Noll also gave testimony debunking the NCAA’s “amateurism” defense and other pro-competitive justifications. He disagreed with the NCAA’s statement that college athletes participate in sports as an “avocation,” claiming that hasn’t been the case for 100 years. He also noted that the Olympics – the former bastion of “amateur” athletics – became much more popular after removing restrictions on athlete’s compensation. Noll also agreed that the NCAA’s “amateurism” requirement does not help level the playing field, and may actually prevent weak teams from improving. He testified that the NCAA’s restraints do not help integrate academics and college sports, and noted that athletes are often separated from non-athletes. Noll’s testimony also explored less restrictive alternatives such as deferred payments, group licenses, and direct sponsorship.

Following Noll’s two days of testimony, former Alabama football star Tyrone Prothro took the stand. His testimony complimented O’Bannon’s in its description of how athletics, not academics, dominated Prothro’s college life. Prothro testified that he spent 40 hours per week on football activities at Alabama, and that he felt like “an athlete first, and a student second.”

Edward Desser, former president of the National Basketball Association Television and New Media Ventures, was plaintiffs’ next witness. He has been in the sports media business for 37 years and claims to have negotiated hundreds of sports TV contracts. His testimony supported plaintiffs’ argument that athletes’ name and likeness rights are transferred as part of television deals. That transfer may either be express in the contract or implied, but (contrary to the NCAA’s argument) it necessarily exists. No one, noted Desser, wants to televise an empty arena or have to blur out the players.

Desser was followed by the NCAA’s expert Neal Pilson, a former CBS executive and NCAA media consultant. In contrast to Desser, Pilson’s testimony supported the NCAA’s argument that the NCAA conveys the rights to access stadiums and arenas, not the rights to the players’ names and likenesses. He also opined that paying college athletes would have a negative impact on college sports.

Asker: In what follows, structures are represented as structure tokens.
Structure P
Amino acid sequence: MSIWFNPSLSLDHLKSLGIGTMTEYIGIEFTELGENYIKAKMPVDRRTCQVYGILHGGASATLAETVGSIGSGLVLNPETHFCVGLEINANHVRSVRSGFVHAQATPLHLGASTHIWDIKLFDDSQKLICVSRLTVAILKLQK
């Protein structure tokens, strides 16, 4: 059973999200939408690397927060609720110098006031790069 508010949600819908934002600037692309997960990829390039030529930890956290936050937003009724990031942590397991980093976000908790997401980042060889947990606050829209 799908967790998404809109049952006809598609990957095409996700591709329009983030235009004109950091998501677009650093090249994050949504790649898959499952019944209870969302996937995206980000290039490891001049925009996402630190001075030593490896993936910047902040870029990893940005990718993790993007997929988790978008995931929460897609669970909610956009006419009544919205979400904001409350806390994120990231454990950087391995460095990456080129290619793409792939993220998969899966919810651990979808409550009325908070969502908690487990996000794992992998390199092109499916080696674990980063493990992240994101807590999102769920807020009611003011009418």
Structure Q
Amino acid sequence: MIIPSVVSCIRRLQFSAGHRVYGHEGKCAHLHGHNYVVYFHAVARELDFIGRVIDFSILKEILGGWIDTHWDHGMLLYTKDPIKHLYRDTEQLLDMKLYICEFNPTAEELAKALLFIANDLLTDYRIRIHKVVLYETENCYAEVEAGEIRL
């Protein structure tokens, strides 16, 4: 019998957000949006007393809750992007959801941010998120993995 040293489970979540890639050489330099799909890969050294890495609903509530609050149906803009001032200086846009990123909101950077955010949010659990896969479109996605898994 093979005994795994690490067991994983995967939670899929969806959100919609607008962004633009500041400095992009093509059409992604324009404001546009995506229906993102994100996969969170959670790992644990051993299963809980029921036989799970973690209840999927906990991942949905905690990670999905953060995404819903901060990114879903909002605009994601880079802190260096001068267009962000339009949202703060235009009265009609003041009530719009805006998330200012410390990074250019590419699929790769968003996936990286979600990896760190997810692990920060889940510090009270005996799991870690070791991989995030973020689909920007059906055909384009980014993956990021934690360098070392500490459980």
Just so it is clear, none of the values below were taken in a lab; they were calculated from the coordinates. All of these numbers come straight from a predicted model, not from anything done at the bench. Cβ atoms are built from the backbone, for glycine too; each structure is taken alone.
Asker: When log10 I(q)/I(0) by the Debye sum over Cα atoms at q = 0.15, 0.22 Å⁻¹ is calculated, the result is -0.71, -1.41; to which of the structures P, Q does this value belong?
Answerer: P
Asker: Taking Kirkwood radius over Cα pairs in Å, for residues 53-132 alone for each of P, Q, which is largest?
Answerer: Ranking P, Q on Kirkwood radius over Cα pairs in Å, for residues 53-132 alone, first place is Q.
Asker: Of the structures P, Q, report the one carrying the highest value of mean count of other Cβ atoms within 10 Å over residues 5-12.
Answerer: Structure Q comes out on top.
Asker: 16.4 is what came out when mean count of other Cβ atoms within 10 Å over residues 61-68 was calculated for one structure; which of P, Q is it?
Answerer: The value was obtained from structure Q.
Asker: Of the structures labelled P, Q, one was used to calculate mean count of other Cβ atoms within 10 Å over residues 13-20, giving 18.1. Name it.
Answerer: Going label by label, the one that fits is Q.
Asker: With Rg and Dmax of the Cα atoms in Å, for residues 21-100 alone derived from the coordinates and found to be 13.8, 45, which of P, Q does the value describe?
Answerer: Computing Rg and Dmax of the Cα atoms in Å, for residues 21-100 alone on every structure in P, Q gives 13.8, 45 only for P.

Next to testify was sports economist Dan Rascher. He testified that NCAA football and basketball is as big – if not bigger – business than most “professional” sports. He also attacked the NCAA’s financial reports as understating revenues and overstating expenses. He also opined that compensating college athletes would not drive fans away, and also disagreed that paying college athletes would unlevel the playing field. College sports, according to Rascher, are already heavily unbalanced, with the same group of basketball and football teams winning each year.

Concluding the first week of testimony was former Vanderbilt football player Chase Garnham. Like O’Bannon and Prothro, Garnham explained how football overshadowed academics during his time in college.

Week two of trial begins today. The day will begin with the conclusion of Garnham’s testimony. He will be followed by Professor Ellen Staurowsky, one of the leading academics on Title IX. Prof. Staurowsky is likely to cover a variety of matters relating to athletics and education.

Edited by Gary J. Malone